IN MANY WAYS, officials do trumpet the virtues of bike lanes. In the literature about the Cambridge Bicycle Program, you can read about the many advantages of lanes ― including, ironically, the claim that they provide "bicyclists with a path free of obstructions." According to the city’s Web site (www.ci.cambridge.ma.us), in fact, one of the main reasons the administration has designated lanes is to "increase safety for bicyclists." Yet nowhere in the reams of online literature does the city mention the possible hazards for cyclists who ride in a lane in the door zone. Nowhere does it convey the message that these facilities do not guarantee safety.
It’s hard to know whether city officials would defend bike lanes so boldly today. Cara Seiderman, the city’s transportation manager who oversees bike projects, responded to the Phoenix’s interview requests with an e-mailed five-paragraph statement, in which she said that she and her colleagues "are deeply saddened by the tragedy." But she also stressed that all the Cambridge bike lanes "follow the same well-established national standards that are followed throughout the country." Seiderman continued, "City staff works closely with the Cambridge Bicycle Committee to review designs for each street and to take into consideration the experience we have on existing streets, as well as experiences around the country and world."
Seiderman points to national and international studies that have shown that bike lanes can actually promote safe cycling. Two California surveys conducted in the 1990s examined comparable streets with and without bike lanes in Santa Barbara and Davis. The studies found that bicyclists who rode in a lane were 30 percent less likely to ride against traffic than those who did not. As a result, the lanes reduced bike-car crashes by 31 percent in Davis and 14 percent in Santa Barbara. In Cambridge, meanwhile, the city has performed what Seiderman calls "some counts analysis" that determined that the Mass Ave bike lanes have cut in half the number of cyclists who ride on sidewalks in Central Square ― a politically hot topic in the mid 1990s, when city councilors banned sidewalk bicycling in Central, Harvard, and Inman squares, among other areas.
To hear proponents tell it, pointing the finger at bad bike-lane design seems as easy ― and misguided ― as pointing the finger at reckless motorists. Dooring incidents happen everywhere, they note, striped lane or not. On July 10, Cambridge police received three reports about collisions involving cyclists who were hurt when they smacked into car doors. All occurred on roads that offer parallel parking, but no bike lanes. This, proponents argue, only goes to show how the dooring problem cannot be defined as a bike-lane problem.
"It’s unfortunate that the Laird tragedy might turn into a referendum on all Cambridge bike lanes," laments Ken Field, a Bicycle Committee member.
Michael Halle, the committee chair, echoes this sentiment. When asked if the city, in its zeal to boost cycling, had installed bike lanes that compromise safety, he replies, "I would say the bike lanes at the point where Dana Laird was hit conform to federal guidelines, which is what people who design roads fall back on." He then adds, "It’s impossible to say that, had a bike lane not been there, Laird would still be alive."
This is not to say that Cambridge won’t consider changing its policies, however. The one thing on which defenders and critics agree is that the Laird tragedy requires re-examination of the safety of bike lanes. At its meeting last month, on July 10, the Bicycle Committee began discussing what the accident might mean for city policies. Some members, such as Smith and Nesbitt, have called for officials to remove all bike lanes painted in the door zone, including those on Mass Ave. Others have suggested modifying the conventional design by, say, marking a single stripe and a bike stencil beyond the door zone, showing cyclists where not to ride. Still others have recommended that the city create space for bike lanes by reducing traffic lanes or eliminating on-street parking altogether.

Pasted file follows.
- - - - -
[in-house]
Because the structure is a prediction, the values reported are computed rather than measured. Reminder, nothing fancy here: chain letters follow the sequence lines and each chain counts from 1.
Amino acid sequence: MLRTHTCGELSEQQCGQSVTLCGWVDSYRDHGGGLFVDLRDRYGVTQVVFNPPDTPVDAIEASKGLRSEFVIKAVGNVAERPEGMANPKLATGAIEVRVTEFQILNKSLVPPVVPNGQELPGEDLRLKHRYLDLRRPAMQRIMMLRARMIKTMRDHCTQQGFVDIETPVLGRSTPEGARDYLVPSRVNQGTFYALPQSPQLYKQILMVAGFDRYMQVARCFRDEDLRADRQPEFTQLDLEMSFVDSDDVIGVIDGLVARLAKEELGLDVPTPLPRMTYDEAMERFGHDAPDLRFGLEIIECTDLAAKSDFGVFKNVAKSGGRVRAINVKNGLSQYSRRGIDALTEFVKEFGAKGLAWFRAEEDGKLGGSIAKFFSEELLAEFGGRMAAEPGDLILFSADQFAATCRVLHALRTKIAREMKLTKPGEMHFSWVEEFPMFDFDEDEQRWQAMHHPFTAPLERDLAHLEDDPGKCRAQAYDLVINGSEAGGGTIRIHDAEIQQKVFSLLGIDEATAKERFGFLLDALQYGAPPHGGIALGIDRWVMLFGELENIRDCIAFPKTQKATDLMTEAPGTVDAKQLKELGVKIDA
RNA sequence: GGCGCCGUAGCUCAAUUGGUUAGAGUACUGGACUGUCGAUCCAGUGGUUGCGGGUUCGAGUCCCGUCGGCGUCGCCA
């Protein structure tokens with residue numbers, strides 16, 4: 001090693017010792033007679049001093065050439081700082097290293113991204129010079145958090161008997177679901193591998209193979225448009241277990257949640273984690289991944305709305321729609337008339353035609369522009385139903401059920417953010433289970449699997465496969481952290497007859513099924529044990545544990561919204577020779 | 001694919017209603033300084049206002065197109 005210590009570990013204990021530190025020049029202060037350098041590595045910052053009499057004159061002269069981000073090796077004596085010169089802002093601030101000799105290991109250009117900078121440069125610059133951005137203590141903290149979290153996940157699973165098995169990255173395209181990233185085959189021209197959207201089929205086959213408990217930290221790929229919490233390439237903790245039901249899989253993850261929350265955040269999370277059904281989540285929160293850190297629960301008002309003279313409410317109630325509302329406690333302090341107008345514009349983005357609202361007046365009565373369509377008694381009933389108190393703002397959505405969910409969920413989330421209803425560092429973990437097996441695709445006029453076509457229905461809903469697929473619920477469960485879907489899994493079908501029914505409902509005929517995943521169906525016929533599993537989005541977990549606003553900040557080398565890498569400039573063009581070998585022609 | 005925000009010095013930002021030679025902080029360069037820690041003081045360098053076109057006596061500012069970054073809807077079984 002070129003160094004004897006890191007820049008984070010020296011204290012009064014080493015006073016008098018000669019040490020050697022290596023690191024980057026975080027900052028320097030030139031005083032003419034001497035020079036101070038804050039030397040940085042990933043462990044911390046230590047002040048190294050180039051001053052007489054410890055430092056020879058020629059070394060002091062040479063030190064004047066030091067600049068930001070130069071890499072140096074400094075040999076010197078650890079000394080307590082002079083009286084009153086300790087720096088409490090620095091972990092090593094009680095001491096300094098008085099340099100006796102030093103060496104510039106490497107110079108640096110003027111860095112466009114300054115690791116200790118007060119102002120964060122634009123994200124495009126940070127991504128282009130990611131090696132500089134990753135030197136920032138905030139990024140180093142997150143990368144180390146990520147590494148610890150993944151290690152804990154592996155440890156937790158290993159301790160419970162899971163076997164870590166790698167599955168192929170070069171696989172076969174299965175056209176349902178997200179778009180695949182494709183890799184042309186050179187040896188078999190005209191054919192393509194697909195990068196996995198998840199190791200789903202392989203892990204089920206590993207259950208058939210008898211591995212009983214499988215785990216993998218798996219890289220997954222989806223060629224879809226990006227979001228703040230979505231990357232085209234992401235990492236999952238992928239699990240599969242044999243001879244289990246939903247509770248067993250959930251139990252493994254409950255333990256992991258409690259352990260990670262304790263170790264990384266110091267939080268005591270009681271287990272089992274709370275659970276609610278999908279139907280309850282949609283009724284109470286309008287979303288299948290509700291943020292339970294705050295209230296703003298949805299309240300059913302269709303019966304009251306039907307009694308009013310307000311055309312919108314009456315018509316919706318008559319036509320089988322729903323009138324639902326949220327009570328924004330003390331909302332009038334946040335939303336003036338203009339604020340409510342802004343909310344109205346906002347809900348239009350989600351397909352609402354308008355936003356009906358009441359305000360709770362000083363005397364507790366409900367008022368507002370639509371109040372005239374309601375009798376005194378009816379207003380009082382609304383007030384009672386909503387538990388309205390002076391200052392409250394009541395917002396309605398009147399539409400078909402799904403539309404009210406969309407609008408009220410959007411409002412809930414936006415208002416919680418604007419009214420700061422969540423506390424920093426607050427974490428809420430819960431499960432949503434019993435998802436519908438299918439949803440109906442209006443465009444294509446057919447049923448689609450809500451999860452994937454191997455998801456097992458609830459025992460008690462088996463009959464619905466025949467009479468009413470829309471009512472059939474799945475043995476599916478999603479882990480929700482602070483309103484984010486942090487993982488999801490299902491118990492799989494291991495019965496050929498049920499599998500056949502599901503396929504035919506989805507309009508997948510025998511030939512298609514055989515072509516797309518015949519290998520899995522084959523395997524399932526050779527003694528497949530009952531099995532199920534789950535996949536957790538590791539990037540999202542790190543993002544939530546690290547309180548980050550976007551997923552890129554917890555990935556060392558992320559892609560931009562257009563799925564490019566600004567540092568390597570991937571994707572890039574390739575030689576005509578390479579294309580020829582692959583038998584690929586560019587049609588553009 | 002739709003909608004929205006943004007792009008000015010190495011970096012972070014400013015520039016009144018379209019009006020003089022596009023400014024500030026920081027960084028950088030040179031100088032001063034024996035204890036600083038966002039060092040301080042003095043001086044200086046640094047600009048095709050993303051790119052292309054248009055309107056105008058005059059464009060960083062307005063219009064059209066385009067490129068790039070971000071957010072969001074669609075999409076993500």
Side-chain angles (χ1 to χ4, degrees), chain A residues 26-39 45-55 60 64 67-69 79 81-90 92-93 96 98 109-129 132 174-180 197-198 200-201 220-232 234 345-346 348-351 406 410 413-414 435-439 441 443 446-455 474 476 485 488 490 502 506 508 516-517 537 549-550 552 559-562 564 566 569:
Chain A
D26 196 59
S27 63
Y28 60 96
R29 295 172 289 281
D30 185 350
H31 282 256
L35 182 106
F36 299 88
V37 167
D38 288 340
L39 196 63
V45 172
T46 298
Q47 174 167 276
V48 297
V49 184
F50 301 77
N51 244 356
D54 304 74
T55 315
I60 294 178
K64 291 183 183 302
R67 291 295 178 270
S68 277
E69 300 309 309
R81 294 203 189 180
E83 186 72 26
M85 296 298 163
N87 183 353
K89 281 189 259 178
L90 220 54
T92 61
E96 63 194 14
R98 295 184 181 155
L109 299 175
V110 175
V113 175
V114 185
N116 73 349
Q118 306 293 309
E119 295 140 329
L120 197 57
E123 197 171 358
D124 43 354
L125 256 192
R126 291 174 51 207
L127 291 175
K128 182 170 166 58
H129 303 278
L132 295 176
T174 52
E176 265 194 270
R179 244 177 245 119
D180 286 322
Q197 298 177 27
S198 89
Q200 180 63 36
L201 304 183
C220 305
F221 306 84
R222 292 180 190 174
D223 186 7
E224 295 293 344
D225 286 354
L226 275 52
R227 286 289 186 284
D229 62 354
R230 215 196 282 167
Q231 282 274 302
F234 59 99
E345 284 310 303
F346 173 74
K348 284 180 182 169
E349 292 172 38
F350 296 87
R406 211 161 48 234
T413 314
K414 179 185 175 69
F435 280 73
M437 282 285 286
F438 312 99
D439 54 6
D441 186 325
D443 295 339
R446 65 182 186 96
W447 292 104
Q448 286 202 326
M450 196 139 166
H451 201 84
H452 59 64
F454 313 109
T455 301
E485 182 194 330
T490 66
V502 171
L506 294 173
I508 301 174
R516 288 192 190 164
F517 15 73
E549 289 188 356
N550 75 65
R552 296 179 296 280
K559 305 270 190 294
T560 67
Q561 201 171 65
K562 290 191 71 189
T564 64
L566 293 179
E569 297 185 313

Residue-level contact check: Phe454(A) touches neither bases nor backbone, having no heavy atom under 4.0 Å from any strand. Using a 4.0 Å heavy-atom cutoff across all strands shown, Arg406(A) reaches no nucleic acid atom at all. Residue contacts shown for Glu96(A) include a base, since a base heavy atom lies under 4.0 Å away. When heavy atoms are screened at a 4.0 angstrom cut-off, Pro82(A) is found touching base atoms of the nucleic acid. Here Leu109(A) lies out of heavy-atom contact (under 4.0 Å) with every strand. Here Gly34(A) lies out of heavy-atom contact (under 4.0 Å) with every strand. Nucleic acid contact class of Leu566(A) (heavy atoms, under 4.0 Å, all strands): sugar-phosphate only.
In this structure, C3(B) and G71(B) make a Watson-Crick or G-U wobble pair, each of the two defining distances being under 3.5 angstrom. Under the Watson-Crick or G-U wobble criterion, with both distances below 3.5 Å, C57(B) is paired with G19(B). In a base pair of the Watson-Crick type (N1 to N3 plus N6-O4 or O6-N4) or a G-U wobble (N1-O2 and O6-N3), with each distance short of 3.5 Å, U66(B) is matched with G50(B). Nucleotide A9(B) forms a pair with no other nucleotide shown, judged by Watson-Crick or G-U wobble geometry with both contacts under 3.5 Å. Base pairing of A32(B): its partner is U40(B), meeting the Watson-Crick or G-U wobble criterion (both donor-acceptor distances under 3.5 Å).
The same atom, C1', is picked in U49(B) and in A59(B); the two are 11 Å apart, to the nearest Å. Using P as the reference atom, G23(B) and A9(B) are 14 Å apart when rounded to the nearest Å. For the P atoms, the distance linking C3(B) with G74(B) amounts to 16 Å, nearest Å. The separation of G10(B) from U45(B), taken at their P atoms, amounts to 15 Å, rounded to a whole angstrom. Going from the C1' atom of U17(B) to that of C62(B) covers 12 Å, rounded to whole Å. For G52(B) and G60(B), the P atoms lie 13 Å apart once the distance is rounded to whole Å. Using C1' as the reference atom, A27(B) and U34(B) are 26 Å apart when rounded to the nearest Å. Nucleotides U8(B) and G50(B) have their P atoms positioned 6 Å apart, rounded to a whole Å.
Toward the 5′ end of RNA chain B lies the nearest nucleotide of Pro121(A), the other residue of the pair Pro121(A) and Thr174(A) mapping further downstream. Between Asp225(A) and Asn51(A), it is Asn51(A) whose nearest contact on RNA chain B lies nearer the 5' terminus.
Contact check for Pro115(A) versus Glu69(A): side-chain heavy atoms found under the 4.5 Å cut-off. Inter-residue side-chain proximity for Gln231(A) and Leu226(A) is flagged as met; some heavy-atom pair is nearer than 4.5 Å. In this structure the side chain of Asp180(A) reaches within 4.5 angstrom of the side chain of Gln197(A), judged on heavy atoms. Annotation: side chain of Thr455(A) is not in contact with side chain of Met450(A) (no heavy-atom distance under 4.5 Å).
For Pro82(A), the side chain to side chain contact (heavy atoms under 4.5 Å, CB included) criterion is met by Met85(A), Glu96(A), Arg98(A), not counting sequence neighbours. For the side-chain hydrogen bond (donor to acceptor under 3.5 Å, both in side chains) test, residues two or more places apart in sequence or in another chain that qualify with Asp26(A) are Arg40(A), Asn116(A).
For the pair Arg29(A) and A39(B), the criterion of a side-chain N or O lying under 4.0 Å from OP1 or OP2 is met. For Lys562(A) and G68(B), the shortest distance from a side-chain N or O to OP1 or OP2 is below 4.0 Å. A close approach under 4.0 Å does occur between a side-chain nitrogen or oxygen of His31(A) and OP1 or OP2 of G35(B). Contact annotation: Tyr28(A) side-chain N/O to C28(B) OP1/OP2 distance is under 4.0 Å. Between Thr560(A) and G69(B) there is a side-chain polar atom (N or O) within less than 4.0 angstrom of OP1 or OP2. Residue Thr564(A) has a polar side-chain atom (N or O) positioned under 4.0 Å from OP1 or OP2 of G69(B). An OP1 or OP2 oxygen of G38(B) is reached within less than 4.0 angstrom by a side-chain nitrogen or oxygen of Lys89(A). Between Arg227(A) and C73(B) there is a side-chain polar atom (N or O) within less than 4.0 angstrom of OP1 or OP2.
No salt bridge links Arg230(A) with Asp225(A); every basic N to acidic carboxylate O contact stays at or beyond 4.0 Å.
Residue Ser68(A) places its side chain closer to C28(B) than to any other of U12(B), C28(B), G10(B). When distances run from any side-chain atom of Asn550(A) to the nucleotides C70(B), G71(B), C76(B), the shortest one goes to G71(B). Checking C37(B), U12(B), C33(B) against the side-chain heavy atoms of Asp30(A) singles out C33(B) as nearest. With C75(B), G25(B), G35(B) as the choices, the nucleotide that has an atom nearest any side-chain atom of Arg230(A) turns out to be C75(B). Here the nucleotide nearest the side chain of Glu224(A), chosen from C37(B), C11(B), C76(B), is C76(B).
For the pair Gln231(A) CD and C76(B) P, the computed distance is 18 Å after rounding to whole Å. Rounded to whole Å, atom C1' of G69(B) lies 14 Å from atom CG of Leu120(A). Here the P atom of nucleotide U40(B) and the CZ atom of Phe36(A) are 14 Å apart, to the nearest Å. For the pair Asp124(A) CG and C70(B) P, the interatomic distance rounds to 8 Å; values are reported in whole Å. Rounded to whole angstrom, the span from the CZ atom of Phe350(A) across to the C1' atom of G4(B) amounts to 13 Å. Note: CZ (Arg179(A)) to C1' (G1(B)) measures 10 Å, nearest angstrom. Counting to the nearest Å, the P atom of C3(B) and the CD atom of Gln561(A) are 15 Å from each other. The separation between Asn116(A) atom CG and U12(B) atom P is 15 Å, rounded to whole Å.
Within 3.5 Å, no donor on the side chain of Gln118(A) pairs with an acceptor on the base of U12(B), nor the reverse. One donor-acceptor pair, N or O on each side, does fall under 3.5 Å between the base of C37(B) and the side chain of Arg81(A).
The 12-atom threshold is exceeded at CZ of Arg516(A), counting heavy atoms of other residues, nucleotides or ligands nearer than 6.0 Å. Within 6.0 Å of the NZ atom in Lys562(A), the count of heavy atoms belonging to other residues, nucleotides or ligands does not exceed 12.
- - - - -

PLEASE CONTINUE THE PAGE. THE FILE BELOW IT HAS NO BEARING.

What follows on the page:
The debate has already led to results. Because of the Laird fatality, officials have put plans to stripe a conventional bike lane on the recently re-paved Hampshire Street, in Inman Square, on hold. According to Halle, the city intends to investigate how cyclists and motorists interact by videotaping how they navigate the unmarked road. The point of the exercise is to determine whether cyclists ride outside the door zone when there are no bike-lane stripings guiding their way.
Of course, what Cambridge will do beyond Hampshire Street is anybody’s guess. Seiderman, in her statement, maintains that officials "will continue to follow new research [on facilities] and consider new or innovative solutions where appropriate," and adds that "when we do find new guidance we are willing to make appropriate modifications." But some cyclists remain skeptical. After all, the city has already invested thousands of dollars to build bike lanes on as many as 20 streets, many of them of the traditional variety. If officials were to draft a policy that would ban striping lanes in the door zone, that would mean not striping lanes at all in certain areas ― which, it seems, contradicts the oft-repeated desire to encourage cycling. As Halle observes, "We should be doing things to promote cycling safety, but also promote cycling. That is a very tricky balancing act."
If Cambridge officials need a reminder of the harm that badly designed bike lanes can cause, they need look no further than the 400 block of Mass Ave, where a makeshift memorial honoring Laird stands. There’s something about the scene ― with its scrawled notes, wilted flowers, and red spray-painted outlines marking the crash ― that shakes the soul. Here, it becomes painfully obvious that Laird was not just another statistic, but a human being. Something else becomes apparent, too. As Smith, of the Bike Committee, bluntly puts it, "The real mitigating factor in Laird’s death is that it occurred in a poorly designed bike lane. On this, there’s no doubt."